The Devils have a real chance to make some DVC noise.

Elk Grove (5-0): After beating legitimate playoff schools like Nevada Union, Del Campo and Lincoln (Stockton), the Thundering Herd has served notice — the league title goes through Elk Grove.

Dazzling running back Robert Frazier has 810 yards rushing and 10 TDs. Frazier is coming off an injury-plagued junior campaign that nonetheless saw him go for 1,494 yards and 21 scores as The Herd rushed for a head-spinning 4,650 yards during a 12-1 season. Elk Grove lost in the D-II quarterfinals.

Gone is Deon Ransom (1,825, 27 TDs), but Frazier now has an heir apparent in Wadus Parker. The junior has 499 yards on the ground and 10 touchdowns, and both backs are averaging 10 yards a pop.

On defense, a cat-quick line tries to blow things up on all-out rushes — then chases the quarterback to exhaustion. As a result, linebackers like Parker and Noah Letuligaseno Ta’amu have recovered five fumbles, with Parker taking one back 70 yards for a touchdown in a 43-19 win over Nevada Union on Sept. 21.

Stop the run, stop Elk Grove.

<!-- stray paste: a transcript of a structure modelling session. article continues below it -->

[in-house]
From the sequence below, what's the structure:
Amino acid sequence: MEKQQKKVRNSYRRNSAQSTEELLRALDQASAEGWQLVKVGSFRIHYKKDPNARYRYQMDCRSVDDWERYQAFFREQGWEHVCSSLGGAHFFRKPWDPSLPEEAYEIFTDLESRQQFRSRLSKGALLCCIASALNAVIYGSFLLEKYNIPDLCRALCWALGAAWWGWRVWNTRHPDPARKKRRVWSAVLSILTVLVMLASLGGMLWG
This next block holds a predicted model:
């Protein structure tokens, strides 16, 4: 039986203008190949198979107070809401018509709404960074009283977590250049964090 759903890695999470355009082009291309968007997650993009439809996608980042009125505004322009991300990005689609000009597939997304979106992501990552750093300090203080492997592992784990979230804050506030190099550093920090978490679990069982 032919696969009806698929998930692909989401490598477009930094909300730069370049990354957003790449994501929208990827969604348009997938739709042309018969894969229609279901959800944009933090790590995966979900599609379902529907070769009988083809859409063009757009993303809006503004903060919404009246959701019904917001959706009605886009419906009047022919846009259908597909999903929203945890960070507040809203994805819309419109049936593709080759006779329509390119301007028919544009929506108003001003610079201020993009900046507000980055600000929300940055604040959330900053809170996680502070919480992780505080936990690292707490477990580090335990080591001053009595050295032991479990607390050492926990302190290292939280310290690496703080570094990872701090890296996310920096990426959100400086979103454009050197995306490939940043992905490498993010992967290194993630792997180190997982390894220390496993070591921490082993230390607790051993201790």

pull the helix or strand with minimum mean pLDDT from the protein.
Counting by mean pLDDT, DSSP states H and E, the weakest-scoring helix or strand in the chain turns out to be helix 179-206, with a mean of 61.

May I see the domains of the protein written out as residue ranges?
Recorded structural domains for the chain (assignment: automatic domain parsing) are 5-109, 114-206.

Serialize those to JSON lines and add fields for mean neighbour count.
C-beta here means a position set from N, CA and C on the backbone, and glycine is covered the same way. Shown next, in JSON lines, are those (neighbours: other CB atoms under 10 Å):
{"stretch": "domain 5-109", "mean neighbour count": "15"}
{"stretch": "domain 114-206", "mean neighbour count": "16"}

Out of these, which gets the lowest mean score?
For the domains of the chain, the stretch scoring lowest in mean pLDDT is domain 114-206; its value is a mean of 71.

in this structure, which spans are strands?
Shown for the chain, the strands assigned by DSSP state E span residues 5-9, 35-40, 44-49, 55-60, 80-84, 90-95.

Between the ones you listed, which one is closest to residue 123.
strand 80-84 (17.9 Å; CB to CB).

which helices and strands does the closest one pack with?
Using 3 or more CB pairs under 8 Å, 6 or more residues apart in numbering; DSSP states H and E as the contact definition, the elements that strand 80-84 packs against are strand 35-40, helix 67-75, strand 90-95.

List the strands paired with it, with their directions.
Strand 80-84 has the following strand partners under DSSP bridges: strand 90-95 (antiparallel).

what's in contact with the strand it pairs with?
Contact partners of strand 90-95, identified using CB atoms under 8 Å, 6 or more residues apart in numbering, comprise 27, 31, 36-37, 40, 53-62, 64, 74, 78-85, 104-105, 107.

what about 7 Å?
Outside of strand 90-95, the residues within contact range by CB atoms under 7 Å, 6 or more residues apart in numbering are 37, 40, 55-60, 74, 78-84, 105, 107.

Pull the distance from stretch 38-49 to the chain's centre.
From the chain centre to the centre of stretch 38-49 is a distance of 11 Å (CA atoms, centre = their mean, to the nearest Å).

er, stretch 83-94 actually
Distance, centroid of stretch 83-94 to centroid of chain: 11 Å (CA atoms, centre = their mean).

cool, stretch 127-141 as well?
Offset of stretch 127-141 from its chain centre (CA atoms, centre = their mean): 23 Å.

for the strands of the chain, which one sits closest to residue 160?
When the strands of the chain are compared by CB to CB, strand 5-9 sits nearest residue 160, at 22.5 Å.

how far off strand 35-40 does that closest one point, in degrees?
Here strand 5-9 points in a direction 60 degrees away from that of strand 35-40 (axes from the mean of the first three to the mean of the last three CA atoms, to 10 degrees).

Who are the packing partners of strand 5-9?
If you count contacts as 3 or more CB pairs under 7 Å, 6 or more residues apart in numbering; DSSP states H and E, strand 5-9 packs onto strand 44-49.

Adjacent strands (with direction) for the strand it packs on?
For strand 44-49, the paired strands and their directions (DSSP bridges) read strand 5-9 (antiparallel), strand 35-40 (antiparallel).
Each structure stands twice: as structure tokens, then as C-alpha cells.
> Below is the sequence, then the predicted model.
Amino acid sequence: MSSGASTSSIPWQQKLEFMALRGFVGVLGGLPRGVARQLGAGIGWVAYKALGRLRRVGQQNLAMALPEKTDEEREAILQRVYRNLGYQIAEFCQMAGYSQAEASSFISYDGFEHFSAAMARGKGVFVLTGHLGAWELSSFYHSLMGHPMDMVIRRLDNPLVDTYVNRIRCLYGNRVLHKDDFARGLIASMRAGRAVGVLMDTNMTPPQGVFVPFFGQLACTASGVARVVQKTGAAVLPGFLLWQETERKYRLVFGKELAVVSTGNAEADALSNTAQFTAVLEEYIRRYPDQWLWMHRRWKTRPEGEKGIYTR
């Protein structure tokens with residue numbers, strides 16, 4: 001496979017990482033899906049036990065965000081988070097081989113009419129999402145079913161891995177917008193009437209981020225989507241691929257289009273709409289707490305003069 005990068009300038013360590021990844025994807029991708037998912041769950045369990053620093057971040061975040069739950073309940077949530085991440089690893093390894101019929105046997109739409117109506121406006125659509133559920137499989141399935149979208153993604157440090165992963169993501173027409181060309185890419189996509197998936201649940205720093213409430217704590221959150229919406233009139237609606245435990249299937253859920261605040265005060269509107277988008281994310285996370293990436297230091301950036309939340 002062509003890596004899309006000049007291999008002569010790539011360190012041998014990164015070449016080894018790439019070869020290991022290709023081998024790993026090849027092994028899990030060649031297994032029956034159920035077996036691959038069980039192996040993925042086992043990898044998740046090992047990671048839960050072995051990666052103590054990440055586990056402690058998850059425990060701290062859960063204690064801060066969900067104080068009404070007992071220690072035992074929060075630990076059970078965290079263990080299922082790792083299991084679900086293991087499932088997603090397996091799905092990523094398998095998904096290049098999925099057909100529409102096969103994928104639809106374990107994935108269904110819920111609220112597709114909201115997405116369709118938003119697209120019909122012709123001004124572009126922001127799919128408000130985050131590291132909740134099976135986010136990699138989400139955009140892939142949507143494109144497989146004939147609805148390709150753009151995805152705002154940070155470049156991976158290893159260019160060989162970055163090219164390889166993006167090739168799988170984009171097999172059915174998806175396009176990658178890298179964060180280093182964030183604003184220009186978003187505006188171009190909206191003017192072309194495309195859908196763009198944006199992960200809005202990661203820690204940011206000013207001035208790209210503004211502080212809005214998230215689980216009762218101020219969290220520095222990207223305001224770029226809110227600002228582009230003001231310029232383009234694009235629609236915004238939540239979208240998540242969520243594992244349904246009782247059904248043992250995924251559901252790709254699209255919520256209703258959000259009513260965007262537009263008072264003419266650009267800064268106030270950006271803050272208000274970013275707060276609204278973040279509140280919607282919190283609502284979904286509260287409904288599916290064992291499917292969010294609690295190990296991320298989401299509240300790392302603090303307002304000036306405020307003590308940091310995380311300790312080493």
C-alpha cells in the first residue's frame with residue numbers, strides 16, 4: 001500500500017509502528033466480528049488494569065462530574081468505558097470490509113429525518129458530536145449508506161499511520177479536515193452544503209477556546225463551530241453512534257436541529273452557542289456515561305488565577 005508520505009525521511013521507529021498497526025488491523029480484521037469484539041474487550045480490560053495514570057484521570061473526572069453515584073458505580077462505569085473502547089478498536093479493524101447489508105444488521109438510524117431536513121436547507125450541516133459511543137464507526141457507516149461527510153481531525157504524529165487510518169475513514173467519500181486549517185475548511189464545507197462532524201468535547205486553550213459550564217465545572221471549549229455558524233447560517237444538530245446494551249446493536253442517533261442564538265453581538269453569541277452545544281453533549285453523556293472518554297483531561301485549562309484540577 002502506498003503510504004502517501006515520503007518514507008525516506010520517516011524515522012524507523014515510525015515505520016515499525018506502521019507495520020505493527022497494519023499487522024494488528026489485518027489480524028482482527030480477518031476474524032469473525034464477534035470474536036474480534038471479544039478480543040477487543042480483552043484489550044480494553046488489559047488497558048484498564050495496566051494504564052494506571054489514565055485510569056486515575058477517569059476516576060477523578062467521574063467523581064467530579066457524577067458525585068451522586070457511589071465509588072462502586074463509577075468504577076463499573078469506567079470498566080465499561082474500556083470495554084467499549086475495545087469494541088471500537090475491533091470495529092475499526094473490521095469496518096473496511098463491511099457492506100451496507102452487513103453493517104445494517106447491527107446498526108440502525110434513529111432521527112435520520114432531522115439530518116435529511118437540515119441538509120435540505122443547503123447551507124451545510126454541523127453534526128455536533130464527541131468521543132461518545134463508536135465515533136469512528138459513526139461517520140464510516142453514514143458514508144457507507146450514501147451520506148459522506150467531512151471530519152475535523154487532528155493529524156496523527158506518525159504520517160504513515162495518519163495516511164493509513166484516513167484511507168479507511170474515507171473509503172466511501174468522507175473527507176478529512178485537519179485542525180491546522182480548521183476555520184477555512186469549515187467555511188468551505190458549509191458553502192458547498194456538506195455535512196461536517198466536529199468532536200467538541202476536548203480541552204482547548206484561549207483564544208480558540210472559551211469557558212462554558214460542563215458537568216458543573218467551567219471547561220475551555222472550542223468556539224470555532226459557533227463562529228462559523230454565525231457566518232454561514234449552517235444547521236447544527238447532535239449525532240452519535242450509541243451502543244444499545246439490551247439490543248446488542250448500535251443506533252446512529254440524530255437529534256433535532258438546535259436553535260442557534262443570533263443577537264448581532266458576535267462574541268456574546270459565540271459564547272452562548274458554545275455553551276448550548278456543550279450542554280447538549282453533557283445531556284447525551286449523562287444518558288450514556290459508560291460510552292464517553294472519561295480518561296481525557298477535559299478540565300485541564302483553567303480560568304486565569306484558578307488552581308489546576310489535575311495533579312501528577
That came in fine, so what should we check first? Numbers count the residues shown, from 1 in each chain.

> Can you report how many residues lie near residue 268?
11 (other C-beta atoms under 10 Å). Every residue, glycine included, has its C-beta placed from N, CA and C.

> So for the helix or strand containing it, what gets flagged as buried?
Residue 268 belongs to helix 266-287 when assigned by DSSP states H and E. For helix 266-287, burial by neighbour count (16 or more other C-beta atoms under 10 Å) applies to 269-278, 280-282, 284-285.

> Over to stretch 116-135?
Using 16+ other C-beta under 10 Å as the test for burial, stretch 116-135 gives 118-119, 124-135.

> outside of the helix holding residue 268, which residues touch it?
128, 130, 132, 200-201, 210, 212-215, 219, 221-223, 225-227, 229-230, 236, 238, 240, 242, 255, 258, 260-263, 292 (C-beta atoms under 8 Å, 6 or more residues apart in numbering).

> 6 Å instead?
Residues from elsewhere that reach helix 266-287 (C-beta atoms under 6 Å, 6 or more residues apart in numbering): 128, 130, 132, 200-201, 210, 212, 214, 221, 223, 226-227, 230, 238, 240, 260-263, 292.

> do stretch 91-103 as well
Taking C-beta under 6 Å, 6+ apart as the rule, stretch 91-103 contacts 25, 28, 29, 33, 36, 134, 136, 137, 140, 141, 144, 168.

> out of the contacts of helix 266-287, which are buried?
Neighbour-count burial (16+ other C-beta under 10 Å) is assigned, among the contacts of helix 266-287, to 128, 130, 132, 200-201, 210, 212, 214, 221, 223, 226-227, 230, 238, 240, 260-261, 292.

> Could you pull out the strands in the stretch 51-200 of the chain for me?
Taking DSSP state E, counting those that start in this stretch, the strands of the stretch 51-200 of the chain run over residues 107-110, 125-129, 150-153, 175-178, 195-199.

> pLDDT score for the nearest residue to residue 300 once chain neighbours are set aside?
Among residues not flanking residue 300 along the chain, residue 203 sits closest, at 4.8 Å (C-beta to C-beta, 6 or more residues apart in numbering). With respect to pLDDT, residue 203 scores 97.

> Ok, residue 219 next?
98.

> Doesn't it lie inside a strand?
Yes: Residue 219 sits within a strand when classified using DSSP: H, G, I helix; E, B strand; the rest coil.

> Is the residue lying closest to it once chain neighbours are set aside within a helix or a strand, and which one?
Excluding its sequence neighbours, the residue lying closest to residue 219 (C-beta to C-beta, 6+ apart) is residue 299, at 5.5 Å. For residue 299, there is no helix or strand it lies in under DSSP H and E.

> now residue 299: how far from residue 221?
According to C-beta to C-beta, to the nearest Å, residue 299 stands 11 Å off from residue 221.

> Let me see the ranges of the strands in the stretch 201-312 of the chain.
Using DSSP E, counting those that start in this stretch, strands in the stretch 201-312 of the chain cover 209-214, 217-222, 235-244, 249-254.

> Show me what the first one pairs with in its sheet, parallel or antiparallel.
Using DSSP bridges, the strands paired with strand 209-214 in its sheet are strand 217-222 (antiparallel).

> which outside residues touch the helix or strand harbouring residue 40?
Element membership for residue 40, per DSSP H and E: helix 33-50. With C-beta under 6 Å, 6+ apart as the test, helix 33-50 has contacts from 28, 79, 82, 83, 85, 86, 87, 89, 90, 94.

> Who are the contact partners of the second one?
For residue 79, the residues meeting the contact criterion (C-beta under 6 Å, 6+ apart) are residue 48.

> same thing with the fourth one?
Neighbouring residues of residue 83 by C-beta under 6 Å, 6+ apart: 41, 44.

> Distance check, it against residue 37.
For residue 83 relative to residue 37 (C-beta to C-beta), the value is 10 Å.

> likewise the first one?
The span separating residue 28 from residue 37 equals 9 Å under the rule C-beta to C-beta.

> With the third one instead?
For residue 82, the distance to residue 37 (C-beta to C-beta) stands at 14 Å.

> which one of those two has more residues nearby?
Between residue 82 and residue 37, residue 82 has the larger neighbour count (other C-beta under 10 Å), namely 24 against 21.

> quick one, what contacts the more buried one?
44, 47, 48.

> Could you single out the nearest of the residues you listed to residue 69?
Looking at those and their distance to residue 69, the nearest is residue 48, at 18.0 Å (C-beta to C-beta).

Last year: Elk Grove beat DHS, 35-18 as Ransom ran for 172 yards. An injured Frazier had 15 yards on three carries. Devil QB Shayne Reagan threw for three touchdowns. This year: at Ron & Mary Brown Stadium, Nov. 2.

Franklin (5-0): The Wildcats are doing it with defense, allowing only 59 points in five games against teams like Jesuit, Tracy and Cosumnes Oaks.

Anchored by a defensive line that features tackle Robert Vi (5-foot-10, 215 pounds) and end Randall Paine (5-10, 180), Franklin has been downright stingy since allowing 21 points in the first quarter of the season at Thousand Oaks.

On offense, the ‘Cats are similar to Davis in that a number of players could strike at any given moment. Go-to guy Trevon Lampley lines up all over the field. His seven touchdowns have come on 158 yards rushing and 157 receiving.

Six Franklin players are considered primary ball carriers, amassing 1,167 ground yards between them.

Last year: The Wildcats ripped DHS, 62-21 as Lampley scored five TDs. This year: Oct. 12 at FHS.

Grant (2-3): No excuses, says Alberghini. The Pacers are ready to go.

Coming off of a 31-30 win over an uncharacteristic Del Oro (1-4), Grant remains a team in mourning after assistant coach Ed Coleman apparently killed his girlfriend, then committed suicide last month.

GHS also is dealing with a carload of injuries. But Alberghini says it’s time to see if his Pacers have anything left for the DVC.

Turning to the air with Isaiah Rios at quarterback, Grant has seen the senior throw for 856 yards and three scores. But Rios can be chased into interceptions (six) and isn’t the ground threat that last year’s QB Shaq Thompson proved.